Last updated on May 2020

Immune Checkpoint Inhibitor Nivolumab in People With Select Rare CNS Cancers

Brief description of study


More than 130 primary tumors of the central nervous system (CNS) have been identified. Most affect less than 1,000 people in the United States each year. Because these tumors are so rare, there are few proven therapies. This study will test whether the immunotherapy drug nivolumab is an effective treatment for people with rare CNS tumors.


To learn if stimulating the immune system using the drug nivolumab can shrink tumors in people with rare CNS (brain or spine) tumors or increase the time it takes for these tumors to grow or spread.


Adults whose rare CNS tumor has returned.


Participants will be screened:

  • Heart and blood tests
  • Physical and neurological exam
  • Hepatitis tests
  • Pregnancy test
  • MRI. They will lay in a machine that takes pictures.
  • Tumor tissue sample. This can be from a previous procedure.

At the start of the study, participants will have blood tests. They will answer questions about their symptoms and their quality of life.

Participants will get nivolumab in a vein every 2 weeks for up to 64 weeks.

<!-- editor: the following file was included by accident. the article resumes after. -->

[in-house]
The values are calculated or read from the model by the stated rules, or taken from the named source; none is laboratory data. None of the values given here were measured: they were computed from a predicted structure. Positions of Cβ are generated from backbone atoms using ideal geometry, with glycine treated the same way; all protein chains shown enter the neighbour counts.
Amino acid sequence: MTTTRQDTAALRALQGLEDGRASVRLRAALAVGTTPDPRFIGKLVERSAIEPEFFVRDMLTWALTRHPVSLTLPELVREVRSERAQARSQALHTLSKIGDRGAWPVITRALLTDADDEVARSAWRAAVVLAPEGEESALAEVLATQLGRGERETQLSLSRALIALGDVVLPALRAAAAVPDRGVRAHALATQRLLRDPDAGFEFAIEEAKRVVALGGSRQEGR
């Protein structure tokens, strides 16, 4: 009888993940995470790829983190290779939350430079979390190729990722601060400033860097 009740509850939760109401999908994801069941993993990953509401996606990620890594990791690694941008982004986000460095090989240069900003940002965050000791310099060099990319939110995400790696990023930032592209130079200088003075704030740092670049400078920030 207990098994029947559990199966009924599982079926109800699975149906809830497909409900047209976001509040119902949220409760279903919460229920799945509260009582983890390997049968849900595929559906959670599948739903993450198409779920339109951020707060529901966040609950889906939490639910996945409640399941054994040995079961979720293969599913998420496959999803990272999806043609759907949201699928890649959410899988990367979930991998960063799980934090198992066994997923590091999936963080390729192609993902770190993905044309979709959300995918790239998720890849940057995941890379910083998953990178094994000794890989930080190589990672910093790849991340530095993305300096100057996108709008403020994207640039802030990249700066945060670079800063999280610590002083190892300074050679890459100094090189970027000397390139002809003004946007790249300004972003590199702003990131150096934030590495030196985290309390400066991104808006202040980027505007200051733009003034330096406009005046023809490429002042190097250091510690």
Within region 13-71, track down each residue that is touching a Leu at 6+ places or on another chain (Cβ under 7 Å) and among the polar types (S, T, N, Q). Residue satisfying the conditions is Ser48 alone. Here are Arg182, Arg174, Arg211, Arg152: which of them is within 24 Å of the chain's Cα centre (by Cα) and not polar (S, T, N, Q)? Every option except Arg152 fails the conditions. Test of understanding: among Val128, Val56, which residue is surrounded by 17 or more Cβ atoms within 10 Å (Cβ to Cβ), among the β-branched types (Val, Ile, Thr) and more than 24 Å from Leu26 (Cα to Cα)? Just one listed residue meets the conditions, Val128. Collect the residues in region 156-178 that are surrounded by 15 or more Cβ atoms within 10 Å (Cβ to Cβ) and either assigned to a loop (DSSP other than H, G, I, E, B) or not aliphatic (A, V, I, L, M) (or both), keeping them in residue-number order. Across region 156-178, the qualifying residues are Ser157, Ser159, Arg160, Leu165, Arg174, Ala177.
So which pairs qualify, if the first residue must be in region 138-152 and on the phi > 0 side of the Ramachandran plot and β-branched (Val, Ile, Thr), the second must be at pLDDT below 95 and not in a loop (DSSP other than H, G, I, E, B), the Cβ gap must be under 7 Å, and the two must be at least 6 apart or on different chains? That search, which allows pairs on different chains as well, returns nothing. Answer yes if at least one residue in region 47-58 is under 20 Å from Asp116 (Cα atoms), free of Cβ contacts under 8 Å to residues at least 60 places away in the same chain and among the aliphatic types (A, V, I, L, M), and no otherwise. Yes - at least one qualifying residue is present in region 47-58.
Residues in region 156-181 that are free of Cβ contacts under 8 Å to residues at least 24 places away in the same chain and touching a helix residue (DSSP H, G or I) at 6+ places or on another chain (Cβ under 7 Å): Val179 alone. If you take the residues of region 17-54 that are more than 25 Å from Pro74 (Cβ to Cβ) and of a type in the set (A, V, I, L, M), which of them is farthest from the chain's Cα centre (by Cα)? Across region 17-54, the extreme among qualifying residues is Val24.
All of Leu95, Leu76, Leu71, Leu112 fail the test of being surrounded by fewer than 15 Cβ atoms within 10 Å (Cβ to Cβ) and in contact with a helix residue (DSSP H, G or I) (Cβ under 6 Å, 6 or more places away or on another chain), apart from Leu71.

Participants will have monthly blood tests. Every other month they will have an MRI and a neurologic function test. They will also answer questions about their quality of life.

Genetic tests will be done on participants' tumor tissue. Participants will be contacted if any clinically important results are found.

After treatment ends, participants will be monitored for up to 5 years. They will have a series of MRIs and neurological function tests. They will be asked to report any symptoms they experience....

Detailed Study Description

  • There are more than 130 identified primary tumors of the central nervous system (CNS). Most have an annual incidence of less than 1000 in the United States.
  • Given the rarity of each of the tumors listed above, there is a paucity of proven therapies. Most of these neoplasms are treated with maximum surgical resection followed by treatment with external beam radiotherapy. With few exceptions (medulloblastoma, adult ependymoma), there are no effective systemic regimens and even in chemotherapy sensitive disease, most patients with recurrence eventually have no remaining salvage treatments available.
  • In the setting of this unmet need, we propose to create a basket protocol that will evaluate the efficacy of the PD-1 inhibitor, nivolumab, in patients with refractory rare central nervous system neoplasms.
  • This study seeks to establish effective therapies at recurrence in patients with rare CNS tumors. We hypothesize that this therapy will improve progression free survival and/or objective responses.